by: Nate Furler, Marketing Specialist
We recently began implementing some changes to our Point of Sale (POS) system that will allow us to more effectively keep track of how much local, regional, fair trade, and organic product we sell. We now have the ability to categorize each item in our system with any or all of these “green” options that apply to them: local, regional, organic, and/or fair-trade. Our departments are currently working to completely update the information in our systems.
As for the definition of local, well, ours is pretty strict. When the term “locavore” was created, it was used to illustrate individuals and groups that would strive to consume goods from within 100 miles. We seek to define our local products by the same distance – within 100 miles of the Co-op. We established this criteria more than two years ago, and subsequently added it to our Merchandising Policy, written using the following definition: “any product that is grown, produced, roasted, processed, or packaged within approximately a 100-mile radius of the Oneota Co-op.”
There is no universal definition of local that all co-ops and communities adhere to. Our definition appears to be on the strict side of the scale. Another organization’s definition of local may extend to the far borders of the states surrounding their home-state. By comparison, if we used the border of Minnesota as our definition of local, that would include items from 500 miles away. Furthermore, if we took that 500-mile measurement and used it to draw a circle around Decorah, we would be able to extend our local area up into Canada and down into Arkansas. We feel, though strict, our definition of 100 miles is reasonable and allows for greater pride in the sheer number of local products we are fortunate to carry.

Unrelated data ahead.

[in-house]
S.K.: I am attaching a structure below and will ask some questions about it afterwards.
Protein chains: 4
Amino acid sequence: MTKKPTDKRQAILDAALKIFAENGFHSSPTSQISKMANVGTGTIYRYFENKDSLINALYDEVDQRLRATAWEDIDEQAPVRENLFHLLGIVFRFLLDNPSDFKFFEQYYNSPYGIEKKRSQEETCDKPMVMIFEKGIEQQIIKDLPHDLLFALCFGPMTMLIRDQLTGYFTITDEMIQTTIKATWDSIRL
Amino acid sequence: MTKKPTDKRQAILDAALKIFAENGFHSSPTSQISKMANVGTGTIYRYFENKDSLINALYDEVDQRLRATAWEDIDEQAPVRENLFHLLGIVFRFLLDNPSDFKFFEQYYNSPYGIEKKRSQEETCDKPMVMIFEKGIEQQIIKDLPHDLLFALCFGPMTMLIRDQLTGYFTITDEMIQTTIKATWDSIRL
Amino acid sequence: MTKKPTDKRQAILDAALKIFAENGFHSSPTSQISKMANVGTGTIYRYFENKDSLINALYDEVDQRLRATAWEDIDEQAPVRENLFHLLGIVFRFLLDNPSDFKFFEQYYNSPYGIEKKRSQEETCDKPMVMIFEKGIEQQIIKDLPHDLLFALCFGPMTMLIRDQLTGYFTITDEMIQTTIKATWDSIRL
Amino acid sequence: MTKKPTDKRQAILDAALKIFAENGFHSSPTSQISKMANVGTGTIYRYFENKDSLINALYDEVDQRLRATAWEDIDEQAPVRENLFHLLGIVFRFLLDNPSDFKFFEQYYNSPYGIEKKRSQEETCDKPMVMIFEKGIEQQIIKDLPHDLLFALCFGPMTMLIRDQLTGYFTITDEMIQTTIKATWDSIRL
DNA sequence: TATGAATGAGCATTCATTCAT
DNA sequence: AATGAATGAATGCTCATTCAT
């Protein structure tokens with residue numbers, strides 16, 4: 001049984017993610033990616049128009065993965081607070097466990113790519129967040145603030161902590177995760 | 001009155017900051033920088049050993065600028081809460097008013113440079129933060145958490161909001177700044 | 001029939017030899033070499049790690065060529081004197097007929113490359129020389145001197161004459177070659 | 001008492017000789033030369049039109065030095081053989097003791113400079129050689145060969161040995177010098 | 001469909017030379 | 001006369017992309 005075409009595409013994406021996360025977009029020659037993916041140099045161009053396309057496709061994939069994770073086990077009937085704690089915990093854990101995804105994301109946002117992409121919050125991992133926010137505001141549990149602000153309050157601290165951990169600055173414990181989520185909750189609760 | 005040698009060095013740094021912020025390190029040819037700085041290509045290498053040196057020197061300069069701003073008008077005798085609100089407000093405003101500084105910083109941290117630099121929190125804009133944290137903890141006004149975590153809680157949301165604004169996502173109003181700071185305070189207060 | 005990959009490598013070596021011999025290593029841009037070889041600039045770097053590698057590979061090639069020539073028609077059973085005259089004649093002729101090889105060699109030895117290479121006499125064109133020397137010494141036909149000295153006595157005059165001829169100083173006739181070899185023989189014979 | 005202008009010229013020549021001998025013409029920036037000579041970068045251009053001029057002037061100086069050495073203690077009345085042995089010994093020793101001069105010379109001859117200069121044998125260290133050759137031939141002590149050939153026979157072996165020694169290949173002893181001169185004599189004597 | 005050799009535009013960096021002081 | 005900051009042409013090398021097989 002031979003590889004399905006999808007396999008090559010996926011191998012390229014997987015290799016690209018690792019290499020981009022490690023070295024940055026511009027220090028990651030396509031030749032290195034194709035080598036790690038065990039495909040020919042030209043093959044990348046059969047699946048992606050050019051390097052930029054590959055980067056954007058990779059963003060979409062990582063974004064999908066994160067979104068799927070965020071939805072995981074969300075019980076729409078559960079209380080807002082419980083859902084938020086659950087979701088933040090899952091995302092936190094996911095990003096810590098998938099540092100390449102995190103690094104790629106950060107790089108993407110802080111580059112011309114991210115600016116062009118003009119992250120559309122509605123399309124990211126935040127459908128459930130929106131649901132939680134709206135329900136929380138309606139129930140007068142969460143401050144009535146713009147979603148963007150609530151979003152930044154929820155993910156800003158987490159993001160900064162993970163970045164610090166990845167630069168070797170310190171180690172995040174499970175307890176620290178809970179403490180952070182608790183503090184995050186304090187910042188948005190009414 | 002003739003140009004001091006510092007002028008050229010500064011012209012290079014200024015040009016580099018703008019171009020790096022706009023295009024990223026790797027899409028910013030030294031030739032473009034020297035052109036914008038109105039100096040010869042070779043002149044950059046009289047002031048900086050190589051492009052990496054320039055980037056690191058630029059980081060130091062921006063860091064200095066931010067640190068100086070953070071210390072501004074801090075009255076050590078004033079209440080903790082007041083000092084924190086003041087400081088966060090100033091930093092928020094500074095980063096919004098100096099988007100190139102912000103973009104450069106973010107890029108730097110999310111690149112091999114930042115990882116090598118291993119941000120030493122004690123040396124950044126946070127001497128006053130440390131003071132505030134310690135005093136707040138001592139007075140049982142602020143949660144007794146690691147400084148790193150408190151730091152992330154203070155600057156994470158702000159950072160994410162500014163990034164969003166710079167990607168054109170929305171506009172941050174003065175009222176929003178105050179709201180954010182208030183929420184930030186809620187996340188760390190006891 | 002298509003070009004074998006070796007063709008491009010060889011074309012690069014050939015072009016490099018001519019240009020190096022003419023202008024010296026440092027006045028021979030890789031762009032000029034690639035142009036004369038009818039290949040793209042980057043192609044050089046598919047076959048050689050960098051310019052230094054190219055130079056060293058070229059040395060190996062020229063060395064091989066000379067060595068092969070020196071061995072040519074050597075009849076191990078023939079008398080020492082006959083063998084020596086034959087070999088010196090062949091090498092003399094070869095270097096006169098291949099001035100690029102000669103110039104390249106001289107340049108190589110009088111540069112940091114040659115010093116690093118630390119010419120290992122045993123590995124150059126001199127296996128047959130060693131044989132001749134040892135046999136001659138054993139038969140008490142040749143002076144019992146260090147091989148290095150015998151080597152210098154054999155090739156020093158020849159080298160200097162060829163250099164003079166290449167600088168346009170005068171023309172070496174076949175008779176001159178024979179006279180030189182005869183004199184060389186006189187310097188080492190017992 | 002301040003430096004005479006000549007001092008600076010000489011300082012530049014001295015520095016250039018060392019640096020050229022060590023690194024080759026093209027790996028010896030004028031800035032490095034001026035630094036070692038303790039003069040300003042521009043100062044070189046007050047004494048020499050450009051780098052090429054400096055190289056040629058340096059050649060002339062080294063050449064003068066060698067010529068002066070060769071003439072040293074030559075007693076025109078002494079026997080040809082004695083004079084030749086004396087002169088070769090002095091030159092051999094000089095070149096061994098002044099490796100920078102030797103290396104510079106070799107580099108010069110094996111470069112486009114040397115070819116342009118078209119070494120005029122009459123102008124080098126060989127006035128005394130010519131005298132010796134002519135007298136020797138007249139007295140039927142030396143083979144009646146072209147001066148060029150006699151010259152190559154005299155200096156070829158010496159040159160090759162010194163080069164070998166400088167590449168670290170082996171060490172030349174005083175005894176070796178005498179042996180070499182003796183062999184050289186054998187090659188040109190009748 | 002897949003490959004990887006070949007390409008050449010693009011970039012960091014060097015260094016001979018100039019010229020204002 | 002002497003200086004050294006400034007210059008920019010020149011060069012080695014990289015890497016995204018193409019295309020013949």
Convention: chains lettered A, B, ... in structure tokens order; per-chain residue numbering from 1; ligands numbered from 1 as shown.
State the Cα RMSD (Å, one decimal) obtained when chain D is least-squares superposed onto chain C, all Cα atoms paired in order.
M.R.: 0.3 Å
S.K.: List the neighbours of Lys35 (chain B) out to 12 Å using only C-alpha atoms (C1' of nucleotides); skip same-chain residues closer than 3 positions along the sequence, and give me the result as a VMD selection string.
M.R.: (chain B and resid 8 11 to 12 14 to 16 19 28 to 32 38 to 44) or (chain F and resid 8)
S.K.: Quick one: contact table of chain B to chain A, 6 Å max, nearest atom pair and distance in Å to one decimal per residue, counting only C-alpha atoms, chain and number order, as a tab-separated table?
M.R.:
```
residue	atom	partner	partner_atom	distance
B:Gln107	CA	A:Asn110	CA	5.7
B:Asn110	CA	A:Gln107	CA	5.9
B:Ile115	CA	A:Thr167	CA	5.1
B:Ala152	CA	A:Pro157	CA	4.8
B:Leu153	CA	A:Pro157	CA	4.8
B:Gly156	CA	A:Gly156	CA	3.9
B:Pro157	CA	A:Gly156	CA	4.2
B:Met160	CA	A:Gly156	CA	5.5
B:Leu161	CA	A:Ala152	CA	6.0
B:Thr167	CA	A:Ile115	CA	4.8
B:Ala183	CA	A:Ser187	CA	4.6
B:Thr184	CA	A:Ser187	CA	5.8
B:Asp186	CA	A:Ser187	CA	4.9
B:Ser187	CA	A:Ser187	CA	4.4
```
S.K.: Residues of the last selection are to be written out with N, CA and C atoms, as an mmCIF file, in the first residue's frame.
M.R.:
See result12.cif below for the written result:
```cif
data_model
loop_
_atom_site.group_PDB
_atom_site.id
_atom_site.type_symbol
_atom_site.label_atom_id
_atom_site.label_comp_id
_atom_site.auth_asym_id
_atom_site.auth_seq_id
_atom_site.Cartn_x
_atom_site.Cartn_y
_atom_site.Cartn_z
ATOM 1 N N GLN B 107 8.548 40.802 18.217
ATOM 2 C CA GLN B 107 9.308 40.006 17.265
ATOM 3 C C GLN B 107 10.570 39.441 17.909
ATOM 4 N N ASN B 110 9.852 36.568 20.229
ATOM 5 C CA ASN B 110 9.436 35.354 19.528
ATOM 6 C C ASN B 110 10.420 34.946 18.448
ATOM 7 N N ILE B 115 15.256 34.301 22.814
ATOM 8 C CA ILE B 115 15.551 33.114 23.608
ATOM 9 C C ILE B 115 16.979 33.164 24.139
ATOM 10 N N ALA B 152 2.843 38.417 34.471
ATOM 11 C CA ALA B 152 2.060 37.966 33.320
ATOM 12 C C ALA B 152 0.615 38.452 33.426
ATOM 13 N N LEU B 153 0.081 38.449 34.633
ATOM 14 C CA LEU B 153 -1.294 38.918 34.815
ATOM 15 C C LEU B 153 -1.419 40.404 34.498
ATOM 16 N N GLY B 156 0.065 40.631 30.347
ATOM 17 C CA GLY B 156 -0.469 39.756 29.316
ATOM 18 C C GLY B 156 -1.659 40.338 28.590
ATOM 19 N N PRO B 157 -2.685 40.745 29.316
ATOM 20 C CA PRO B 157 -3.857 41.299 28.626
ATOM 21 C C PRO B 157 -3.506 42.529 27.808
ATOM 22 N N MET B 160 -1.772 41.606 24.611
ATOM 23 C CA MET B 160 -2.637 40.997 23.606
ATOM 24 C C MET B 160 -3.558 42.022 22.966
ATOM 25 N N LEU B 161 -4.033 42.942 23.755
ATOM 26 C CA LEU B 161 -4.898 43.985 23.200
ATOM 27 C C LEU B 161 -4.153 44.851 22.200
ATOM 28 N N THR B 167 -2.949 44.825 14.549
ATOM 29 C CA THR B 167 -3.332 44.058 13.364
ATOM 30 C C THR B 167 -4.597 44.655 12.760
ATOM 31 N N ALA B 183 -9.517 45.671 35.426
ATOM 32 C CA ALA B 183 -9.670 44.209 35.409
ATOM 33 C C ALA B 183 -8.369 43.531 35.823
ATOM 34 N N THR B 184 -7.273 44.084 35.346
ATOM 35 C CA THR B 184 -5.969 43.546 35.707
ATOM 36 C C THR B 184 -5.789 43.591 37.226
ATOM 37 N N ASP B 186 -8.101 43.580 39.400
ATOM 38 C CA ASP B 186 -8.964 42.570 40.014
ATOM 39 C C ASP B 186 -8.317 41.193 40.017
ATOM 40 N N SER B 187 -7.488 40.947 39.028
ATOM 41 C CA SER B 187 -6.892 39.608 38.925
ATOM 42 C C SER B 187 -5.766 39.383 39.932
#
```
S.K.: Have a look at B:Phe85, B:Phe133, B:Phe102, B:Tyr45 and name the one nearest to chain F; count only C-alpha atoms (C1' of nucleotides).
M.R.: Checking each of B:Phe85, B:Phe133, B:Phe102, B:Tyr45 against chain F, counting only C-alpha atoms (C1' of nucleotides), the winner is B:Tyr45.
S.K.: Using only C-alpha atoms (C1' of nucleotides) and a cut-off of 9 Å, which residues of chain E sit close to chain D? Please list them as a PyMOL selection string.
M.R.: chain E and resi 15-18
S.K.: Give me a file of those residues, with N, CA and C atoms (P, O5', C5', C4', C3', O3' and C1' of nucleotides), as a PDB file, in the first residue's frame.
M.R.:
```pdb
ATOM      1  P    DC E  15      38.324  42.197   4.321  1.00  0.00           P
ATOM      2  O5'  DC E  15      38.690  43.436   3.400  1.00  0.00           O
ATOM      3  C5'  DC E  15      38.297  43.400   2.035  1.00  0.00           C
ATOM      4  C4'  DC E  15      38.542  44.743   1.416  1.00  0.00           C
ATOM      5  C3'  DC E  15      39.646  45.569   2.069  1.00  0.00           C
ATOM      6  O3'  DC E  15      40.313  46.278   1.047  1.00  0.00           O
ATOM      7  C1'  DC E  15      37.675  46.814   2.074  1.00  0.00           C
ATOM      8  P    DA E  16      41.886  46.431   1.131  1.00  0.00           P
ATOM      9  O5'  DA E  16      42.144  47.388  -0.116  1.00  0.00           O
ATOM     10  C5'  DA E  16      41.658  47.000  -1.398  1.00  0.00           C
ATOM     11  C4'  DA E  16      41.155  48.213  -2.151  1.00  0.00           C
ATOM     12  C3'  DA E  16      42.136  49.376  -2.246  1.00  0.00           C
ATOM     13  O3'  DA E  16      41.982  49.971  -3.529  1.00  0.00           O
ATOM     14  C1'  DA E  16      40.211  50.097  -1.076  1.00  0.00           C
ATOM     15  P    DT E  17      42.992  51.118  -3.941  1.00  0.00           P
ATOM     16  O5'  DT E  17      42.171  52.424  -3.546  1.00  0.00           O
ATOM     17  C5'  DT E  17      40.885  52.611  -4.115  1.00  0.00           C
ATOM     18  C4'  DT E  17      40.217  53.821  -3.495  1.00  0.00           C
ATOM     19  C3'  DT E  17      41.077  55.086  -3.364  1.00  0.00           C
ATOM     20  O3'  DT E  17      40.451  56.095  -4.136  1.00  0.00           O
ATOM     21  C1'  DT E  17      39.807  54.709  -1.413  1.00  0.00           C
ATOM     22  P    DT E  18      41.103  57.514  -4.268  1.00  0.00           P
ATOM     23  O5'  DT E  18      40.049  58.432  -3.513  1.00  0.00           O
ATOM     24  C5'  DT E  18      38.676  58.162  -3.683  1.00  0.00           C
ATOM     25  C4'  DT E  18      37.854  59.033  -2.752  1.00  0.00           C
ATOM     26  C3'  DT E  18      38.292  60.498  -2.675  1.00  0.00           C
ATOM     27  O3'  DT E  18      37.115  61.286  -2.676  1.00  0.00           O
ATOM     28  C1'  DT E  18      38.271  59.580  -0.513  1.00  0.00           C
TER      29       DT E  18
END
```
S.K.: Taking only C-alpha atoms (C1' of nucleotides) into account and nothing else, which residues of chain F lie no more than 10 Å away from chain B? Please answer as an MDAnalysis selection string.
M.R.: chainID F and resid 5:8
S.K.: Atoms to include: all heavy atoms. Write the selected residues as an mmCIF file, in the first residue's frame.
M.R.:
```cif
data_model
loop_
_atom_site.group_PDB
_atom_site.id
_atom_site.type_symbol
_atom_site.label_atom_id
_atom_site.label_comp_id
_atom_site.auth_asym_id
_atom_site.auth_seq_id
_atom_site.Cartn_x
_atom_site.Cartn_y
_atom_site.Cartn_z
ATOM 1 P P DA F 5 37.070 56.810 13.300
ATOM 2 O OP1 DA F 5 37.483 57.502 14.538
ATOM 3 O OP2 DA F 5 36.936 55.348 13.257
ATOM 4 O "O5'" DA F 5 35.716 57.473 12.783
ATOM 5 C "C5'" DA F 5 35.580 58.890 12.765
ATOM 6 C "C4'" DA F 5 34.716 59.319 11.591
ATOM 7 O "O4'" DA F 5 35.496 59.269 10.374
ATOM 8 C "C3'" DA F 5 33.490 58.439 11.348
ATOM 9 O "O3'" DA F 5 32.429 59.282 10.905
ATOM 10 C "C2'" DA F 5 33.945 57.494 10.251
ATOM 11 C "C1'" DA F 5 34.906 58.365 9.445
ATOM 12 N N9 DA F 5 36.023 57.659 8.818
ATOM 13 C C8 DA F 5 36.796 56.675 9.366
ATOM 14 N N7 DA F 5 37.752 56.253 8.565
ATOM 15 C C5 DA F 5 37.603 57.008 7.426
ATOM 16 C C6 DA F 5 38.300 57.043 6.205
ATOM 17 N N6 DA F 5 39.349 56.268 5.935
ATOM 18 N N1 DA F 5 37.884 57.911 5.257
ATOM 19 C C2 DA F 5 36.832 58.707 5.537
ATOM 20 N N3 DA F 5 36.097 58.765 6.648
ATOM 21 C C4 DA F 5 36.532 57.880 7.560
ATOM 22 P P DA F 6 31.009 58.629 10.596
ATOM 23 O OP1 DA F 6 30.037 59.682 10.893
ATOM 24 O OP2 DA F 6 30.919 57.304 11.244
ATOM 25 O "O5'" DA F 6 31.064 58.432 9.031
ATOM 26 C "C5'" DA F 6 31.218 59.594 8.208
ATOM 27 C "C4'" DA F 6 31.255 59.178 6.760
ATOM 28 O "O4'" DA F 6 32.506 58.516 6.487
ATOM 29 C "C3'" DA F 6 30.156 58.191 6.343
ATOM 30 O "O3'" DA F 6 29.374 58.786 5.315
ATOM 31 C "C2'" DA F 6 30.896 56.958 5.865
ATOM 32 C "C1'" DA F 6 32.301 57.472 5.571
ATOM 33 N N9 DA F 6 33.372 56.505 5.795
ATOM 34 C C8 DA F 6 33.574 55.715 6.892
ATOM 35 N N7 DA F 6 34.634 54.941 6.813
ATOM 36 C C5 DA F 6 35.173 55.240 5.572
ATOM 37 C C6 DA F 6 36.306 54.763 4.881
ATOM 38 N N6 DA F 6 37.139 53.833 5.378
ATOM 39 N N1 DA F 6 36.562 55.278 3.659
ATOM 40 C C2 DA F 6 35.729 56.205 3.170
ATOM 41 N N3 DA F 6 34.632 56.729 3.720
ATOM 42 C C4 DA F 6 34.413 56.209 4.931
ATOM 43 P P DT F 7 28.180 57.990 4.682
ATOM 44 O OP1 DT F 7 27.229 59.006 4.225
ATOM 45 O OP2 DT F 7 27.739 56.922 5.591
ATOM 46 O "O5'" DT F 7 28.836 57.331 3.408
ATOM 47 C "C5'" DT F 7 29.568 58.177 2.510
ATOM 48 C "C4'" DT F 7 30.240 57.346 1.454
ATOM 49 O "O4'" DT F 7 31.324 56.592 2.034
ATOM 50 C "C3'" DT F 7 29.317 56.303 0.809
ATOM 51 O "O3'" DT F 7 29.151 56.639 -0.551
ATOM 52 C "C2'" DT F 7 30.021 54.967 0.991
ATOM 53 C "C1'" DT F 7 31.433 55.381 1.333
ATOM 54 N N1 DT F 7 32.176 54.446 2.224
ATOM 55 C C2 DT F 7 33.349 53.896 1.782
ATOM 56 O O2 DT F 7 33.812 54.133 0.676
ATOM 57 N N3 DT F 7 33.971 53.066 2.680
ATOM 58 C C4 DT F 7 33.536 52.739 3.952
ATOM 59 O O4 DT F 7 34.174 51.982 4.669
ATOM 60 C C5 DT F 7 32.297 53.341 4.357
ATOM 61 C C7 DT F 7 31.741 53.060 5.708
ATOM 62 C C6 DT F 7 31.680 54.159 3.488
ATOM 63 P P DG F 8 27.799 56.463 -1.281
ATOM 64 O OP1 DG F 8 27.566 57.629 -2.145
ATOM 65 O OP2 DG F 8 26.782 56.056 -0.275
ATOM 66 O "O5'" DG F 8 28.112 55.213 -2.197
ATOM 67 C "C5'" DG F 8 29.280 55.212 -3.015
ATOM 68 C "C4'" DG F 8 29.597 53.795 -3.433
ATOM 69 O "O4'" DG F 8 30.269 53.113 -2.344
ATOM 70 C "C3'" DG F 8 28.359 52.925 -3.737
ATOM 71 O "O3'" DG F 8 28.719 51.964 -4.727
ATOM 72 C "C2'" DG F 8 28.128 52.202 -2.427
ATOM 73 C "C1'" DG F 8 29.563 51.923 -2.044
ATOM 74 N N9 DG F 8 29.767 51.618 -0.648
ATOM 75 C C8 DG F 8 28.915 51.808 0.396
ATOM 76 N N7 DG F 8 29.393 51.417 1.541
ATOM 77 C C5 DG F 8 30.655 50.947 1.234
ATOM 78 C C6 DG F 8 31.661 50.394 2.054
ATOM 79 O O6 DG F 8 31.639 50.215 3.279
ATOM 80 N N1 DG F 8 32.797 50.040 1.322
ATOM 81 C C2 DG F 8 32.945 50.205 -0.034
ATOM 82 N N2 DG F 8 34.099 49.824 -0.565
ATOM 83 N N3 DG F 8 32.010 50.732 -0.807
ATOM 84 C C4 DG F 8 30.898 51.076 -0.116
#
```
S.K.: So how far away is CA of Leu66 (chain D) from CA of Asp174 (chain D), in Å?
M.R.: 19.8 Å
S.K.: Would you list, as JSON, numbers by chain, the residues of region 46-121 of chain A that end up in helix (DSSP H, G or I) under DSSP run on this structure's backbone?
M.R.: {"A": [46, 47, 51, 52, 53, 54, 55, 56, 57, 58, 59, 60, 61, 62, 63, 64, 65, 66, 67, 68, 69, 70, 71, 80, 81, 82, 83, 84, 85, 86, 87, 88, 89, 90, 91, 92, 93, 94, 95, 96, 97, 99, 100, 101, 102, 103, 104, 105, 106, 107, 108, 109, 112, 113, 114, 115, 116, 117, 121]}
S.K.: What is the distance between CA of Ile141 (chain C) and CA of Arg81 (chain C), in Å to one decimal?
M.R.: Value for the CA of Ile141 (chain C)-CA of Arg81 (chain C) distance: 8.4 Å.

We recently redefined the distance we consider regional. The previous definition that Oneota had established included the same criteria as our local definition, only it allowed for items to be from anywhere considered in the Midwest. As you may know, the borders of the Midwest are not clearly defined. Therefore, we decided to simply increase the radius of our circle to 300 miles in order to give us a cleaner limit to our regional definition.
We invite you to look through the aisles of the Co-op and notice the large number of items that we carry that are considered local or regional. We also look forward to sharing more facts and figures about our local and regional sales in the coming months and years.